One of the most common complaints about the classic Sonic games, typically from younger gamers, is that they’re too hard, especially immediately after the speedy first zones.
But the reality is that Sonic games aren’t hard at all when put in context. Have you even played any other 16-bit platformers before? It’s a hard pill to swallow, but the truth is that you’re just bad at video games.
Sonic games were never hard
Let’s take a trip back to the year 1992 when the much-anticipated sequel to Sonic the Hedgehog was released. By that point, kids had already been zooming around the first game and had high expectations for the sequel. Will the game have new characters, new abilities, new stages, and a higher difficulty?
All of those expectations came true, except one. As early reviews started trickling in, it became clear that Sonic the Hedgehog 2 was widely considered an “easy” game just like the first one, which was a let down.
According to a 1992 review from GamePro, the single biggest complaint about Sonic 2 was the game’s low difficulty.
“If there’s a downside to Sonic The Hedgehog 2, it’s that the game’s just not tough enough,” the critic wrote under a “Simple Sonic” subheading.
“Players of all levels will be able to work their way through most of the game in relatively short order.”
So what’s your excuse for not being able to beat Chemical Plant Zone? If a toddler in 1992 could beat it, surely you could too if you’re a capable gamer.
The same sentiment was shared in a 1992 issue of Computer Video Games.
“The only thing which lets Sonic 2 down slightly is the difficulty, initially it’s not that much harder than the first game, but things do improve in later stages,” the critic wrote.
And in the 1990s British Show show Bad Influence, you can even witness a literal child play the game and give a complaint about the game’s easy difficulty.
“I did get to the last level on the first go, but I’d still buy it,” the child said.
Is it possible that the kids of the 1990s are just better at video games than the zoomers of today?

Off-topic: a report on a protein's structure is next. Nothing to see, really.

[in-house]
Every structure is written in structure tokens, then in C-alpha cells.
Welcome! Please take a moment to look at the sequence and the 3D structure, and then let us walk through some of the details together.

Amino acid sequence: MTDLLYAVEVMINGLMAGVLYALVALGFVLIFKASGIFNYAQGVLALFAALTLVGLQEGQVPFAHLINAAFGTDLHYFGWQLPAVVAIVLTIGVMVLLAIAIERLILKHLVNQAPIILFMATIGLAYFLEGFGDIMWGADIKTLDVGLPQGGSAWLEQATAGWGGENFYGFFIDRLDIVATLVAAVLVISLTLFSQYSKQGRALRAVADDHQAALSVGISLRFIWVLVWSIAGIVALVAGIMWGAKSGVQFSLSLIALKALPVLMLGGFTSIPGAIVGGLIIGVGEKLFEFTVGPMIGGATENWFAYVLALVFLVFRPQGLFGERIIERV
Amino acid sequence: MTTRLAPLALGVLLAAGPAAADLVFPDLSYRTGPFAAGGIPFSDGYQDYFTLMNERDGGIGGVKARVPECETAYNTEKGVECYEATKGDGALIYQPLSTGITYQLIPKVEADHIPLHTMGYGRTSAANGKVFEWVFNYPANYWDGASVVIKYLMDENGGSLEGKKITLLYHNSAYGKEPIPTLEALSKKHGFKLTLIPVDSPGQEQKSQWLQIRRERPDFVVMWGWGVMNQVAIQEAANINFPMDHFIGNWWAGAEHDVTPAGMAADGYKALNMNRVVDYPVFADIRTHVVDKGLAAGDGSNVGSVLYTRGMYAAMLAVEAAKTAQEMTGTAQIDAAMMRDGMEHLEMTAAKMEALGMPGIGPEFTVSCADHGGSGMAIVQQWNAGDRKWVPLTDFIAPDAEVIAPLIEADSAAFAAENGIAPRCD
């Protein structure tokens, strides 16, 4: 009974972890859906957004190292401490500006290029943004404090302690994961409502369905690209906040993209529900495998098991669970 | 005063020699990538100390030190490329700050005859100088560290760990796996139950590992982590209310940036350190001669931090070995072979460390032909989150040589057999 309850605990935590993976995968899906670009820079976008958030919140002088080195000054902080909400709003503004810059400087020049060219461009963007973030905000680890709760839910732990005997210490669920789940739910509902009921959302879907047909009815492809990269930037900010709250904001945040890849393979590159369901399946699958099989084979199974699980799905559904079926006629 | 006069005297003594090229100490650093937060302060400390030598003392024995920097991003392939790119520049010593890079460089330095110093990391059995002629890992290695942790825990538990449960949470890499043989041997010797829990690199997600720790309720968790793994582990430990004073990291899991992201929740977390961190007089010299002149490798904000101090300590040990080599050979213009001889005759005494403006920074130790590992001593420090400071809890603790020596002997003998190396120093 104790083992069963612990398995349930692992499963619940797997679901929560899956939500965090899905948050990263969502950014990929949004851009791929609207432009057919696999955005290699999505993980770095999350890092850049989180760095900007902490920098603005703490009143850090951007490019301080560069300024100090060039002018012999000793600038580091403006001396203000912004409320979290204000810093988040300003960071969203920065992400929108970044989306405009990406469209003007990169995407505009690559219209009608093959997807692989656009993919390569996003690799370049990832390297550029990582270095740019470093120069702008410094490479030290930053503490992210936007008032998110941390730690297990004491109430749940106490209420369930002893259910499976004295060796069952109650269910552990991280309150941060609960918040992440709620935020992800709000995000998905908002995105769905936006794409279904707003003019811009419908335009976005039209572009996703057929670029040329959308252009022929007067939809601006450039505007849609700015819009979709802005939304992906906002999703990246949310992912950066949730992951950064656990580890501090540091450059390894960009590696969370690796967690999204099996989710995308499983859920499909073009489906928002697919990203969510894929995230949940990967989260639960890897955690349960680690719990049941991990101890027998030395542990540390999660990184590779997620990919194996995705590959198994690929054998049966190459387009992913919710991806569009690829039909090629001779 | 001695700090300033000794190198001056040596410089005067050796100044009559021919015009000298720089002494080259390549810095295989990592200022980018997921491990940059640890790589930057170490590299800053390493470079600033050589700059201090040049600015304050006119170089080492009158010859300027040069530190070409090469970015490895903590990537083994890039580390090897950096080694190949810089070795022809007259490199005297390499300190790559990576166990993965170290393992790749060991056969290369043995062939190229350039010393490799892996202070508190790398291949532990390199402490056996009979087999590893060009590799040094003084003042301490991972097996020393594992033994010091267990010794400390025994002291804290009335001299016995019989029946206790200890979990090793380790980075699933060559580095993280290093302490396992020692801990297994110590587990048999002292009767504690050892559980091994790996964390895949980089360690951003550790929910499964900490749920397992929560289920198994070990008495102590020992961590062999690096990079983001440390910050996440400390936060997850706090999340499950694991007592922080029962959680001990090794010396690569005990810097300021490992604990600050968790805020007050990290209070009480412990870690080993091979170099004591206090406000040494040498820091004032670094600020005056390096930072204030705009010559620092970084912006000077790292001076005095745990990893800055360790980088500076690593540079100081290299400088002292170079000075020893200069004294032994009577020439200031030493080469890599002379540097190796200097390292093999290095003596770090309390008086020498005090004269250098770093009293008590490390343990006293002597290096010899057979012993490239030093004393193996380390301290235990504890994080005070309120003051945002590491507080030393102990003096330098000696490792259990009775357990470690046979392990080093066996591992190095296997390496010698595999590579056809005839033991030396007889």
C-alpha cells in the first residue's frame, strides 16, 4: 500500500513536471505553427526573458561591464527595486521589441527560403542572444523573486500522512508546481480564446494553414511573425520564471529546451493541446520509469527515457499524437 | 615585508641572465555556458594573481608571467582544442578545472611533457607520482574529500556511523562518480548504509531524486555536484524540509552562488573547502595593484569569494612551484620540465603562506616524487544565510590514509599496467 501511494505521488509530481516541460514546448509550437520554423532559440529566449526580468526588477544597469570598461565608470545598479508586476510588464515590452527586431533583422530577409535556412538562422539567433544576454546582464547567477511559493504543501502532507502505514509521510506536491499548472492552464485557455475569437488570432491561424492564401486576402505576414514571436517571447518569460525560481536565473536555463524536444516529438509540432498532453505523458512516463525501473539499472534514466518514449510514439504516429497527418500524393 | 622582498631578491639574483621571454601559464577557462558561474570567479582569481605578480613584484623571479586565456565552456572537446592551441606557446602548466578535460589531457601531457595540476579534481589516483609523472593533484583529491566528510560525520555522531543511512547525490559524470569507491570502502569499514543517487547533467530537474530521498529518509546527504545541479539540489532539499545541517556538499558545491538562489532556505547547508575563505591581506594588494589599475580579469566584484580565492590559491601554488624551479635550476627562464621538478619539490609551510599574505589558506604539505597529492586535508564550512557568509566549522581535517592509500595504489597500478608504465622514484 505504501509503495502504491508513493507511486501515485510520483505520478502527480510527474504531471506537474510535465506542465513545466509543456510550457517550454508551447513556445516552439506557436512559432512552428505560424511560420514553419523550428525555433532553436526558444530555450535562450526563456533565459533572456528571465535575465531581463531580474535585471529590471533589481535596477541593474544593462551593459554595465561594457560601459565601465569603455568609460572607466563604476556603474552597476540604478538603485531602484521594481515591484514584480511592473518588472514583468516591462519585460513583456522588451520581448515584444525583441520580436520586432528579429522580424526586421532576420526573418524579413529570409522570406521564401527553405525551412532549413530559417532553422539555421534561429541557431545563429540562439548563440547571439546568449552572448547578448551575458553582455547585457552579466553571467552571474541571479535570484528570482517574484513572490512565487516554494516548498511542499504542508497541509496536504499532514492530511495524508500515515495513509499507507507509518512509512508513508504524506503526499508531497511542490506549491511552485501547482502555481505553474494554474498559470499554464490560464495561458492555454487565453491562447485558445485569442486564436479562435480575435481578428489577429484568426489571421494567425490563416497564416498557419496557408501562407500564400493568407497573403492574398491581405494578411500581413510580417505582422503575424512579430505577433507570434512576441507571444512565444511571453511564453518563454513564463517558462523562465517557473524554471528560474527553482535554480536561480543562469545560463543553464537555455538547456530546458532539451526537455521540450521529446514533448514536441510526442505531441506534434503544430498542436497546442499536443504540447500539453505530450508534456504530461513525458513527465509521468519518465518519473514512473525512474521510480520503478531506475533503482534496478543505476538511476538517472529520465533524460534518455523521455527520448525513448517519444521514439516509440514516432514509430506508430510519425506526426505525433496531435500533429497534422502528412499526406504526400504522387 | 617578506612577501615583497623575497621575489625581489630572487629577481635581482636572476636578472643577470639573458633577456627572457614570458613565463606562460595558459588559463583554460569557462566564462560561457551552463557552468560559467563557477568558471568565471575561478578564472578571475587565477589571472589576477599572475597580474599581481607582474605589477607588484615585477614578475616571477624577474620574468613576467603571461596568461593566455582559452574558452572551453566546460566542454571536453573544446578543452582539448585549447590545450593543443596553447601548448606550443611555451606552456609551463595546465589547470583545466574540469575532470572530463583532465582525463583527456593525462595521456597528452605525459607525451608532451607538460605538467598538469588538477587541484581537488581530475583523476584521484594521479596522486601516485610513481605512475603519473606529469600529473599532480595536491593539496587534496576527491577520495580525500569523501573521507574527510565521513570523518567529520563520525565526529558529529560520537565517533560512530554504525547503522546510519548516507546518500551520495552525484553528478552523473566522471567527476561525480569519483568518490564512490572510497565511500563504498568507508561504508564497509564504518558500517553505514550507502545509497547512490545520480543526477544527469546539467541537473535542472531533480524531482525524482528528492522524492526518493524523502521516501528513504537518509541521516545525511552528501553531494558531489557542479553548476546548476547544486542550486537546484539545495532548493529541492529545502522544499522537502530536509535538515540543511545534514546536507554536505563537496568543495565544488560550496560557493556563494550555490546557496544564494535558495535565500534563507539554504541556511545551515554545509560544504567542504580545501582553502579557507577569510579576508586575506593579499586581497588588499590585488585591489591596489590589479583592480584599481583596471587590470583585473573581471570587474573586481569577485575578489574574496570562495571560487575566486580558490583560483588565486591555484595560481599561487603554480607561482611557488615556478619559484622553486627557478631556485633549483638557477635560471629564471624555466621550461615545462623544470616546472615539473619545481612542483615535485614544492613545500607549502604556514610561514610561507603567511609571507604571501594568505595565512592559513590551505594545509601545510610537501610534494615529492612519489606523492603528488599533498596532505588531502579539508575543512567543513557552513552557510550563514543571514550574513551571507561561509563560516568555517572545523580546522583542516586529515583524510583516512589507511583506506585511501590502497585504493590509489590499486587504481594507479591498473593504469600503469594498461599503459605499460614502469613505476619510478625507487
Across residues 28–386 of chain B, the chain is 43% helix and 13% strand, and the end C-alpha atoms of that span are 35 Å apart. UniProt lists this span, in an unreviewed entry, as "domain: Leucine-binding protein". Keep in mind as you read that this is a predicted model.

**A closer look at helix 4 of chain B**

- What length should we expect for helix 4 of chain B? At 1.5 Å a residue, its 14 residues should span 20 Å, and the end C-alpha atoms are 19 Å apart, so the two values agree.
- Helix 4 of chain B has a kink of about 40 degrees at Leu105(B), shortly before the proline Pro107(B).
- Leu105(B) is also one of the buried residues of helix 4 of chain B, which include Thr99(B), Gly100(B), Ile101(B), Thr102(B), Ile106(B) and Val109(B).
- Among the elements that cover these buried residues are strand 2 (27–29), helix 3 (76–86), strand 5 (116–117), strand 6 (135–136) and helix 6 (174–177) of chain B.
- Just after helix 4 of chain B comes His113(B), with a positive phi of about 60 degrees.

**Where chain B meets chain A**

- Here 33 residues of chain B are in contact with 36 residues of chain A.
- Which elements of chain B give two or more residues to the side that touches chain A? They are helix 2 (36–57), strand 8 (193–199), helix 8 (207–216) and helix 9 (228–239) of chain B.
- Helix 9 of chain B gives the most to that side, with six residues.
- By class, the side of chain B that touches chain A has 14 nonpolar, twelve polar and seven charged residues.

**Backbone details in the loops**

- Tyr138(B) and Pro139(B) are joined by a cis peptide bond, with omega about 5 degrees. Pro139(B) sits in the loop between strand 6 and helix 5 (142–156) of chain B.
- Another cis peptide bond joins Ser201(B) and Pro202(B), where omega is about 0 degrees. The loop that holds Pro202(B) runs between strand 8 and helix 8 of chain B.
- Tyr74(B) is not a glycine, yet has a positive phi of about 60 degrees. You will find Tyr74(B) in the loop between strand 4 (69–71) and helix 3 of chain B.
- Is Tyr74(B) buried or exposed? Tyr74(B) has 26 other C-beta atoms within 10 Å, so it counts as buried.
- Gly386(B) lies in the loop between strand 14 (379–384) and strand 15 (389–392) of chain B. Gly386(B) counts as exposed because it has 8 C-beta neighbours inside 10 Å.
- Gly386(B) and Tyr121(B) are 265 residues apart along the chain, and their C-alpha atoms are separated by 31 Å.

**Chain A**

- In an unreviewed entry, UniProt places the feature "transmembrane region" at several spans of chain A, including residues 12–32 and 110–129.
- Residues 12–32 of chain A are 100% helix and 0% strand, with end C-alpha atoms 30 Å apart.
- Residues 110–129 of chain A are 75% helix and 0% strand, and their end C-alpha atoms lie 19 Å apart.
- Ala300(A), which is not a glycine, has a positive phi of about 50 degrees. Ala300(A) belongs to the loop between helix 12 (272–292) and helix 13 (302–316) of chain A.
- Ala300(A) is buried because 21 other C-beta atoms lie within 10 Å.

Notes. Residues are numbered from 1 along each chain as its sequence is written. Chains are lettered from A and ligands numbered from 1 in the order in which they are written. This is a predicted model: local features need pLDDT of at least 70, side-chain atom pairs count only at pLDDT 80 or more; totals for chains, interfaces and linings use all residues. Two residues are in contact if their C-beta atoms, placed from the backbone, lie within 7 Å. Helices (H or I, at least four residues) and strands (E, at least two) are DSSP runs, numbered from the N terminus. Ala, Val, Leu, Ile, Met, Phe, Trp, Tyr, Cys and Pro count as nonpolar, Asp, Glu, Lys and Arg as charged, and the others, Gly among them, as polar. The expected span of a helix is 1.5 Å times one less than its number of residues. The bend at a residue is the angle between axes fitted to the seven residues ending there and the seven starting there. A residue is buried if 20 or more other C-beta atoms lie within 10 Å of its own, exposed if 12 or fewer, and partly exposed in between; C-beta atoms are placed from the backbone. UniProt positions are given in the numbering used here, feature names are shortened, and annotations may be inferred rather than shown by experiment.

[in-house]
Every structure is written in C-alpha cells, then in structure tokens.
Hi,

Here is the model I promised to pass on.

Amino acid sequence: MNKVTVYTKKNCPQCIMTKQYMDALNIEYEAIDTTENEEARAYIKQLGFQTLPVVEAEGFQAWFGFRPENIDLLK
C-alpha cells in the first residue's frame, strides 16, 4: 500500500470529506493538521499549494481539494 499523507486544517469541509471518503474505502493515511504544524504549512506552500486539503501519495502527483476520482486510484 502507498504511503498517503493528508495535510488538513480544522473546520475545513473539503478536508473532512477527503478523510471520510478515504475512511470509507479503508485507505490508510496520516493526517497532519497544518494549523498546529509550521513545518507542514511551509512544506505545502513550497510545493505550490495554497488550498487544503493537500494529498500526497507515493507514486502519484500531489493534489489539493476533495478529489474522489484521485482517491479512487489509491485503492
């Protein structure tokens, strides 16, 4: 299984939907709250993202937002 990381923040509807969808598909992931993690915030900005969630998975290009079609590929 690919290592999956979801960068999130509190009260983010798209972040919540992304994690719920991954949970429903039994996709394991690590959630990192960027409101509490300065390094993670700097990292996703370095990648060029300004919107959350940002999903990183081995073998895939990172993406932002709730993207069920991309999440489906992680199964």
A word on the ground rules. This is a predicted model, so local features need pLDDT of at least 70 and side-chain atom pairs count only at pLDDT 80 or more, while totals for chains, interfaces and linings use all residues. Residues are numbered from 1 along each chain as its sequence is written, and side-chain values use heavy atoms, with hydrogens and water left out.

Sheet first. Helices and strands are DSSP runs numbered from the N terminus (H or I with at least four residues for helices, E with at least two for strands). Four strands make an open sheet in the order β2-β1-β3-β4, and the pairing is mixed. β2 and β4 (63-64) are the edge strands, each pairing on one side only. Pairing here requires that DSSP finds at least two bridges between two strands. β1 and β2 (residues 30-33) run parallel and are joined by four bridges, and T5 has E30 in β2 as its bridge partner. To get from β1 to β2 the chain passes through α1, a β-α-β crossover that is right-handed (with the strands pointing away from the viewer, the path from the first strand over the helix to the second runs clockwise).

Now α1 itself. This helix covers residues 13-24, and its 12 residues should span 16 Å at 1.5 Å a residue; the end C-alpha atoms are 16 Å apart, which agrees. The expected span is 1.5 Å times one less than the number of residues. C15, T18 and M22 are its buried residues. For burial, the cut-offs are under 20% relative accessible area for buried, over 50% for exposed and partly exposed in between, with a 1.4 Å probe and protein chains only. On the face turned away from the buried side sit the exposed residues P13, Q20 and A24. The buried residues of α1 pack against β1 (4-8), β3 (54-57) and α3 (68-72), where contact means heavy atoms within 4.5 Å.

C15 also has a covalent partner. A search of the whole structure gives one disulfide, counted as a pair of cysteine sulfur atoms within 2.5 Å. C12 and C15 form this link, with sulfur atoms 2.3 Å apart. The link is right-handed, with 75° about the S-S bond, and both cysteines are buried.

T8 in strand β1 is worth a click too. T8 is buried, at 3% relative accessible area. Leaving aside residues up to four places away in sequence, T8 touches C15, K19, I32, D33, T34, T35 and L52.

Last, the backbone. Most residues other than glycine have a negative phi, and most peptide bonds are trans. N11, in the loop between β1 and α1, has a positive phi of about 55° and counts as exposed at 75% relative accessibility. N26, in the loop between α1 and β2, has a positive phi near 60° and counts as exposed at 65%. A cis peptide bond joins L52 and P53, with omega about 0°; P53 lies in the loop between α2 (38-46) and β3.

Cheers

Yes, you’re just bad at video games
You might be asking yourself “why can’t I get past Chemical Plant Zone but a 10 year old from 1992 could beat the game on his first try.” The answer is quite simple: you probably don’t actually play video games.
Sure, you might “play” something that is commonly referred to as a “video game” but they’re not real video games. Let’s face it, most triple-A “video games” nowadays are just glorified movies but with bad stories and the occasional quick time event.
Video games are something you play, not watch. And if you spend all your time “watching” then chances are that you’re probably not so good at “playing.” It’s as simple as that.
After accepting that you’re bad at games, there might be one more question still on your mind.
Why are Sonic games so easy?
The verdict on this question came in before you were born, zoomer. Sonic games are easy. Just because you suck at video games doesn’t mean Sonic games are hard or inherently bad.
If you’re a die-hard Game Grumps fan (seriously, what is wrong with you?) then you might be able to parrot some base-level criticisms toward classic Sonic games.
“Oh no, I can’t see the obstacles because the view port is too small,” you might complain.
It’s no surprise to anyone born before Obama’s election that video games used to be in a 4:3 aspect ratio and played on glorious CRT TVs. All 2D platforming games of the 90s had a similar “problem.” Enemies are off the screen, and it’s up to your instincts as a gamer to anticipate where enemies and obstacles will likely be.
If you don’t have good gamer instincts, then navigating through levels simply becomes trial and error and you get better as you play. But this is not a “problem” unique to Sonic games. In fact, enemies in Sonic are easier than enemies in other games because they can typically be eliminated in one hit.
“I thought Sonic was supposed to go fast!” you tell yourself as you struggle to get through the second level of a game that a 10 year old could easily beat in the 90s.
Sonic does go fast, even in levels that require careful platforming at first. Every time you go through a loop and gain momentum, that’s Sonic going fast and it’s a feeling of speed that no other mascot platformer was able to capture.
However, that doesn’t mean you can go fast all the time. While there are people who can certainly speed through every level easily, that is a consequence of mastering the physics and level design (you know, something that somebody who is good at games can do).
Even if you’re completely incapable of intuitively figuring out the level design or memorizing how to get through a level, there’s still one thing that makes Sonic extremely easy: you have only one attack, and it makes you near-invincible.
In Sonic, all three buttons on the Sega Genesis controller do the same exact thing, and it’s the single-most overpowered attack in all of video game history. It’s a jump that doubles as an attack and it instantly kills almost every single enemy in the game. This alone makes these games extremely easy.